Ready to rebuild Georgia ties - Russia
Aleksandr Lukashevich said.“Russia would only welcome such developments.”
The official noted that the results of the parliamentary elections in Georgia are the voters’ assessment of the social and political state of the country, the situation with democracy and Human Rights, and also the politics of the previous Georgian administration regarding security issues in the South Caucasus.
The comment was published after it was reported that the opposition coalition Georgian Dream had won the parliamentary elections, putting an end to Mikhail Saakashvili’s party rule of almost nine years. It was a time during which the country went through radical reforms, but also managed to engage in the 2008 war with the neighboring republic of South Ossetia.
Russia had to interfere in that conflict under its peacekeeping obligations. This interference quickly led to Georgia’s defeat and Russia recognized South Ossetia as an independent state, along with another breakaway republic, Abkhazia.
After this Georgia severed diplomatic relations with Russia and the two countries still only conduct negotiations by proxy of Switzerland.
Another top Russian diplomat has said he hoped that Georgia would radically change its attitude to the 2014 Olympics in the Russian city of Sochi.
Extraordinary Ambassador Vladimir Kuzmin told reporters that the Foreign Ministry was working to restore the relations with Georgia as soon as possible and added that the change of rhetoric from the Georgian side on the Sochi Olympics would be a great contribution to such normalization.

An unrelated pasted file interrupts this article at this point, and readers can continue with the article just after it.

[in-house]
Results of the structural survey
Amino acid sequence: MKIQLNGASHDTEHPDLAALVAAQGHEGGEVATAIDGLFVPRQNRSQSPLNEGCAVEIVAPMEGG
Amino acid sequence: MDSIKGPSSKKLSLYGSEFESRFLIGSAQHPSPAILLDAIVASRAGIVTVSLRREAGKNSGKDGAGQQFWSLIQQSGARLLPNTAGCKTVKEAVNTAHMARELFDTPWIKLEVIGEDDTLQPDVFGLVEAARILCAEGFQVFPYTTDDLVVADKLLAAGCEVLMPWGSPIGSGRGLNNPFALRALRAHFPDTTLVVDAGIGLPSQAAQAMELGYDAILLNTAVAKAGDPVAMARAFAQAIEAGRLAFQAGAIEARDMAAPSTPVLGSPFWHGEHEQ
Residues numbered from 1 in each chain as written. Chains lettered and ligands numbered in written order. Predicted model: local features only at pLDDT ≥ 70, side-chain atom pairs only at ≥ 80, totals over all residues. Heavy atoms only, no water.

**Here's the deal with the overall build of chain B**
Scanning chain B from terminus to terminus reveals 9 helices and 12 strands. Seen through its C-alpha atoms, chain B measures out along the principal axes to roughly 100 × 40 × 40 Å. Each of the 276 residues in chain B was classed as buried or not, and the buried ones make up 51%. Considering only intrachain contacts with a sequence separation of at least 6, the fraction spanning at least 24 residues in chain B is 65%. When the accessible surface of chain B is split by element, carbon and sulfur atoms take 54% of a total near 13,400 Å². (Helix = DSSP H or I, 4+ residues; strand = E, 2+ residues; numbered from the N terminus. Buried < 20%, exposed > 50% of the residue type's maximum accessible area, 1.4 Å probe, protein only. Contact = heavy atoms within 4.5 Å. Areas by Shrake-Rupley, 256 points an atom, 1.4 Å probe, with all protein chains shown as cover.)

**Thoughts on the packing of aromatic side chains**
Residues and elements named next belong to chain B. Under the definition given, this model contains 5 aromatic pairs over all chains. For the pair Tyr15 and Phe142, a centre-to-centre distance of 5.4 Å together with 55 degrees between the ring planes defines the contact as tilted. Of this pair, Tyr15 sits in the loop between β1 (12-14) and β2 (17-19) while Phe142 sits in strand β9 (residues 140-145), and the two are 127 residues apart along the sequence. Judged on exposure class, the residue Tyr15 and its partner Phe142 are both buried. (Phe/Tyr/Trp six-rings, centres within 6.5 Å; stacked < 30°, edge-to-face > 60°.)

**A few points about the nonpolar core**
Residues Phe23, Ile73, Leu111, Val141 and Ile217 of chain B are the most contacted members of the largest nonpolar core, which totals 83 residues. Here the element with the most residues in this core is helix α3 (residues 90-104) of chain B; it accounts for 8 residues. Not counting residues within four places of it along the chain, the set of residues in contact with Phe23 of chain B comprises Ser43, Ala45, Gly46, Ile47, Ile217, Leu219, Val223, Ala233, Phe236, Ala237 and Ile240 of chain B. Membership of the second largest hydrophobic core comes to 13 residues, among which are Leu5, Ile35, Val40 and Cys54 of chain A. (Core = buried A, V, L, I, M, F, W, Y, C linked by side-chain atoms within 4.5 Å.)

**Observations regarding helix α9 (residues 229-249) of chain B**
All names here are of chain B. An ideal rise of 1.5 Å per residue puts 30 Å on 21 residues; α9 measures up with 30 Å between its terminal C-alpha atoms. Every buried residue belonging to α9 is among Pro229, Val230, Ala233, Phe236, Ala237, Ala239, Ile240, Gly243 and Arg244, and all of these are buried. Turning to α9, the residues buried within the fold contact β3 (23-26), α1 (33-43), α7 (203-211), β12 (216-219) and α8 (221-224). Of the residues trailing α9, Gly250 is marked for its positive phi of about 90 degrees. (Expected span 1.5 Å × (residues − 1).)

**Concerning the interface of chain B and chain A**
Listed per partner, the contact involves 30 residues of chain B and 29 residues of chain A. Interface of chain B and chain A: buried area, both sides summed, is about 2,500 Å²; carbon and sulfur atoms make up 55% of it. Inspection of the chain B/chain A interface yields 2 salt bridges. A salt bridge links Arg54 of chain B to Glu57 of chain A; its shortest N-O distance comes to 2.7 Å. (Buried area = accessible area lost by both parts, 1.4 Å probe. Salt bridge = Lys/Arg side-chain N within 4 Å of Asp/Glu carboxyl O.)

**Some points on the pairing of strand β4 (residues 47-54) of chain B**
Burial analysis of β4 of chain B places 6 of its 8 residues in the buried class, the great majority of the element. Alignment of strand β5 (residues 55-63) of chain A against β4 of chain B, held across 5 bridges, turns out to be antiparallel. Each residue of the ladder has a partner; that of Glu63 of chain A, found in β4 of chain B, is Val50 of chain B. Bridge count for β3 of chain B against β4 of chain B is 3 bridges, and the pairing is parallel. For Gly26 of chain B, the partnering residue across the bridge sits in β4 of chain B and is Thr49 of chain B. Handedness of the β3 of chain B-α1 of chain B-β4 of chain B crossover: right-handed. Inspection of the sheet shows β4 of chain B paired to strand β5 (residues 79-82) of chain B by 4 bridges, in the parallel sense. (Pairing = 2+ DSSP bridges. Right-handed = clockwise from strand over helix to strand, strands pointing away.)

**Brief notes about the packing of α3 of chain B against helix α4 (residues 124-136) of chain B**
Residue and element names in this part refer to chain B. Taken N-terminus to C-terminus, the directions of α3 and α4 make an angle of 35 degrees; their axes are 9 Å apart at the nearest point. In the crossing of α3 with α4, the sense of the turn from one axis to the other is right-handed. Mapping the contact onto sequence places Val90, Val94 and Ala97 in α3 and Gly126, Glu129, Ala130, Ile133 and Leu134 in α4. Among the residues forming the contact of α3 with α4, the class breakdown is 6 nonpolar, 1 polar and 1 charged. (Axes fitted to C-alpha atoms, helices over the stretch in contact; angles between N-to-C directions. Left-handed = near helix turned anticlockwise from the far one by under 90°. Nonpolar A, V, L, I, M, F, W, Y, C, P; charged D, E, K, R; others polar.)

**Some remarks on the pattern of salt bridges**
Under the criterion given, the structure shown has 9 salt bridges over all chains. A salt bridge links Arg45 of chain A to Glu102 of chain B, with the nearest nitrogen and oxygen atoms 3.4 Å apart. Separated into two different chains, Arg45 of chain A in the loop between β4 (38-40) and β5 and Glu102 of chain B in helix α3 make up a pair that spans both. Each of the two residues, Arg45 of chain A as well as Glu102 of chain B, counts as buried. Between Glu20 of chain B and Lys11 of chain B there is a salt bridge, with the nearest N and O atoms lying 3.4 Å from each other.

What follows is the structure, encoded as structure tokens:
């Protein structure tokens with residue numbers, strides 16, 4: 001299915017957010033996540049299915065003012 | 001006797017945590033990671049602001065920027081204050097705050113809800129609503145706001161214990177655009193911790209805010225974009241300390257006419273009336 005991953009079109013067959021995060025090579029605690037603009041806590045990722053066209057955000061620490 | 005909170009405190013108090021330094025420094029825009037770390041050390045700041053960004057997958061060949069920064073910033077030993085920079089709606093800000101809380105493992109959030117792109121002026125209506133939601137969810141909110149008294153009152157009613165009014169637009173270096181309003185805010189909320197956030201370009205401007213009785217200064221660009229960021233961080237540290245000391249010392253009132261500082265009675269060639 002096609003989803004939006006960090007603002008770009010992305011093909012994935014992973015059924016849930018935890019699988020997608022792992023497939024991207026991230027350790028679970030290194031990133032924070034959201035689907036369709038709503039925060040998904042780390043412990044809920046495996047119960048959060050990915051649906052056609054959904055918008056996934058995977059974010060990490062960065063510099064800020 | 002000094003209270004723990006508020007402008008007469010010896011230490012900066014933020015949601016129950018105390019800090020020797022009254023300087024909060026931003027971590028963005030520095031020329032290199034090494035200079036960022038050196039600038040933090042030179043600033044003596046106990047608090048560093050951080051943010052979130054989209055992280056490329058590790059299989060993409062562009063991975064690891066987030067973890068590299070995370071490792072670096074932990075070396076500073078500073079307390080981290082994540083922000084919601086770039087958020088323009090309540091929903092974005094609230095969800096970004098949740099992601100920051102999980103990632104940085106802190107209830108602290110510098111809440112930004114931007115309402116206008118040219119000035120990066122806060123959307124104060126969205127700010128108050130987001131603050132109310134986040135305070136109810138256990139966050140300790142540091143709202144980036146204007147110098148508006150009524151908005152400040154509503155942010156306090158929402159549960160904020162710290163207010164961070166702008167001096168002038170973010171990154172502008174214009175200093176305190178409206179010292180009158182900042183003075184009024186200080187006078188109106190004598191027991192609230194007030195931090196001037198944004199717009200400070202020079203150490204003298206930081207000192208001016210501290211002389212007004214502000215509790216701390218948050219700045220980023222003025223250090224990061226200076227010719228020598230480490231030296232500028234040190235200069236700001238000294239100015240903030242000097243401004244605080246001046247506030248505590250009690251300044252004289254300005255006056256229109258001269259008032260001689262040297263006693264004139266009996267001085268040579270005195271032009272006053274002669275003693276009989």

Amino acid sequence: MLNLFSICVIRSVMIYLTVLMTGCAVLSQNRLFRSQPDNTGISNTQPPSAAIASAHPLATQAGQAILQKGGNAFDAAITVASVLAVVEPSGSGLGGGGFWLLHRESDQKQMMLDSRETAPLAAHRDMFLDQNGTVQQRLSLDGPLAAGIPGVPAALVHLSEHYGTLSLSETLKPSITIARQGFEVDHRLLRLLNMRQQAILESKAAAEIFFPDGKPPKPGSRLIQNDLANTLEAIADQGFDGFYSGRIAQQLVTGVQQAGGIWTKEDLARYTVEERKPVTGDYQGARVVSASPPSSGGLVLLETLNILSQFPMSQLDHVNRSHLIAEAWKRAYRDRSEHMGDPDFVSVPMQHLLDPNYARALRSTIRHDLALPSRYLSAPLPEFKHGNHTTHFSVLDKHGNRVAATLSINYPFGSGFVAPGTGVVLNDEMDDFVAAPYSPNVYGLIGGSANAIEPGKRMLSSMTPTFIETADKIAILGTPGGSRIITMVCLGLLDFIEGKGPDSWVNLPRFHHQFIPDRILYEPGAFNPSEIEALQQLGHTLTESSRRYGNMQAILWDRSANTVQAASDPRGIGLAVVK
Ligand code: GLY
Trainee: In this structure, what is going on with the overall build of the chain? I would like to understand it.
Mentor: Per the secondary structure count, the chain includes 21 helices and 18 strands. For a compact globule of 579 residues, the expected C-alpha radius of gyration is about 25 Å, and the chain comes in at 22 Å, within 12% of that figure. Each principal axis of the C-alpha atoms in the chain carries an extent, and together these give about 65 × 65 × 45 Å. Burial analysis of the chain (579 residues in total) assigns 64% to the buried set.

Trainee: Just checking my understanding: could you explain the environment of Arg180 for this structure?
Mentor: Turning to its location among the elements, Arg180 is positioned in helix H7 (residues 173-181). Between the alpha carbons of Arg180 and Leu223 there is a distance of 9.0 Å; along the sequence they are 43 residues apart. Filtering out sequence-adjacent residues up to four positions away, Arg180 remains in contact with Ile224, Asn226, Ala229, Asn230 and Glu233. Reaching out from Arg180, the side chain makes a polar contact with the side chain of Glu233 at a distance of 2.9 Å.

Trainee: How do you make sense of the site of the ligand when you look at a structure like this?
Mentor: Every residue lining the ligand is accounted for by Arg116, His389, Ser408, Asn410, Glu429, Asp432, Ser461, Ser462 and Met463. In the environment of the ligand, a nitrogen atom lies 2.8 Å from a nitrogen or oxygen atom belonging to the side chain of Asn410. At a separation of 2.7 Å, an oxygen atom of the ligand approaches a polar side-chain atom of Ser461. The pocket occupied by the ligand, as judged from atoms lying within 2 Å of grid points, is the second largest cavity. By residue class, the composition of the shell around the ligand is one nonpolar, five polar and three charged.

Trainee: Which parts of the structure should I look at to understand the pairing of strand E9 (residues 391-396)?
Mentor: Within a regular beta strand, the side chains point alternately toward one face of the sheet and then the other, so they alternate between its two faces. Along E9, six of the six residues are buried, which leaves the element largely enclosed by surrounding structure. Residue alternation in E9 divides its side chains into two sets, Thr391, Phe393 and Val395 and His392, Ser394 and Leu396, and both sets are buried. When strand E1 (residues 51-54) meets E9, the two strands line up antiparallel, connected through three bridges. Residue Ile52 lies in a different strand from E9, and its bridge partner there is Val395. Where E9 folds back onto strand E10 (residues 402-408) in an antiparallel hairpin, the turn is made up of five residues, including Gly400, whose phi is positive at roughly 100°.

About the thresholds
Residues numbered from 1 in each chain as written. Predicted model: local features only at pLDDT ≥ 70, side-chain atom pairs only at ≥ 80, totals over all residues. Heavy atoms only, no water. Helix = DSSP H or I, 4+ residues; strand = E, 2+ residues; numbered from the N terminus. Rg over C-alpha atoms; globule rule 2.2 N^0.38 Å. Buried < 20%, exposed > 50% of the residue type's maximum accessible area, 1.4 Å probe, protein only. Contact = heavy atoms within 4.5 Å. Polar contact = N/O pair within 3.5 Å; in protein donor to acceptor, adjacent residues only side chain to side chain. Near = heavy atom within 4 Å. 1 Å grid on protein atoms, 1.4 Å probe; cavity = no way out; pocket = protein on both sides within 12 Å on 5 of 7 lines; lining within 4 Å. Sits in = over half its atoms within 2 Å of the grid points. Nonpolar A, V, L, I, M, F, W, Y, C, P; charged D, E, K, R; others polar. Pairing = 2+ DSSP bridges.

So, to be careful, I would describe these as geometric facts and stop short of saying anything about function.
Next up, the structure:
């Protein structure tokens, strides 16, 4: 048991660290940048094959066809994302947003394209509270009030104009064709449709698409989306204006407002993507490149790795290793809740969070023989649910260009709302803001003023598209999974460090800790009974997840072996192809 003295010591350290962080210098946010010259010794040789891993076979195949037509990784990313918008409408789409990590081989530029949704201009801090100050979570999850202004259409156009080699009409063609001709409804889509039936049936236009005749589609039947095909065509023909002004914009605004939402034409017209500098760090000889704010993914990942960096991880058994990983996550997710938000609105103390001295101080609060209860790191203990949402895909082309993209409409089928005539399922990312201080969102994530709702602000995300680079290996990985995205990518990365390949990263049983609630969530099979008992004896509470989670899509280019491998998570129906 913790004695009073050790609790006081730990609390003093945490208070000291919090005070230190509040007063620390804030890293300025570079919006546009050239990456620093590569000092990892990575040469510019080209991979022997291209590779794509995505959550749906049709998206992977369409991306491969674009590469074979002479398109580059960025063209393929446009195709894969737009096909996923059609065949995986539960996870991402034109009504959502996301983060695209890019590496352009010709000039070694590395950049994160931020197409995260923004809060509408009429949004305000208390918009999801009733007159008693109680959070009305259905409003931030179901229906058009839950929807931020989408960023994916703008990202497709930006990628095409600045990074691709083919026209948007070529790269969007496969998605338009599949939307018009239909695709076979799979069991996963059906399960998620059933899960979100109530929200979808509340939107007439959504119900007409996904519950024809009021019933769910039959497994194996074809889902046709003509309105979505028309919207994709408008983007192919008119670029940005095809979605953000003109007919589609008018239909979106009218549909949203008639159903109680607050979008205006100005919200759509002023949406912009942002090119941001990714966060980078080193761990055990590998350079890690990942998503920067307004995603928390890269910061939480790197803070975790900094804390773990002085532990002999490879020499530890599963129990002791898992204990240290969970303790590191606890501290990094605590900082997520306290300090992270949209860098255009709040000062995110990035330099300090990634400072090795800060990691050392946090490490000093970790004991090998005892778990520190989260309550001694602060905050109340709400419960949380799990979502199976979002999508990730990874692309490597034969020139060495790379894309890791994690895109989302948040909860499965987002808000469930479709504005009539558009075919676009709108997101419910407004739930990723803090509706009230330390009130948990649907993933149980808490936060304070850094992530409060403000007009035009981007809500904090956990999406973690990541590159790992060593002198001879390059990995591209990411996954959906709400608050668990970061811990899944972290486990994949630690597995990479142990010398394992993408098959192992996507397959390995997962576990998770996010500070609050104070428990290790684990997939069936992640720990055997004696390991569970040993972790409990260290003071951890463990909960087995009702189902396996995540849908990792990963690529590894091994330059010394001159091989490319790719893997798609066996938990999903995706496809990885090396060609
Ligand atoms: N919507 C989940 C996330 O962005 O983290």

Previously, Georgia harshly opposed Russia’s plans to host 2014 winter Olympics in Sochi citing historical reasons and security concerns.
However, an Abkhazian official stated that it was too early to expect radical changes in Georgia’s foreign policy.
Secretary of the Abkhazian Public Chamber, Natella Akaba told reporters that such illusions were dangerous and the peaceful statements by the leader of the Georgian Dream, Bidzina Ivanishvili, were very much like Saakashvili’s assurances to the peoples of Abkhazia and South Ossetia before he became president in 2004.
“We all know the worth of such statements and their consequences, the events of August 2008 are the proof to this,” Akaba said.
If Georgia finds the strength to recognize Abkhazia’s independence, mutual relations between the states can be discussed further, she added.
The opposition coalition Georgian Dream won the Monday parliamentary elections in Georgia with 55 per cent of votes, defeating President Mikhail Saakashvili’s United National Movement, which managed only 40 percent. This is according to preliminary results released by Georgian authorities on Wednesday after over 97 per cent of ballots were counted.
Saakashvili remains president, although his role will be somewhat diminished by recent changes to the constitution apportioning more power to the prime minister. An opposition figure holding the PM’s post will only weaken the president’s position.
Georgian Dream’s leader, Bidzina Ivanishvili is a billionaire businessman with most of his assets located in Russia. In his elections program he had repeatedly stated that the normalization of relations with Russia is a key priority in his planned political course.
Currently a French citizen, Ivanishvili is seeking to restore his Georgian passport in order to assume the post of prime minister.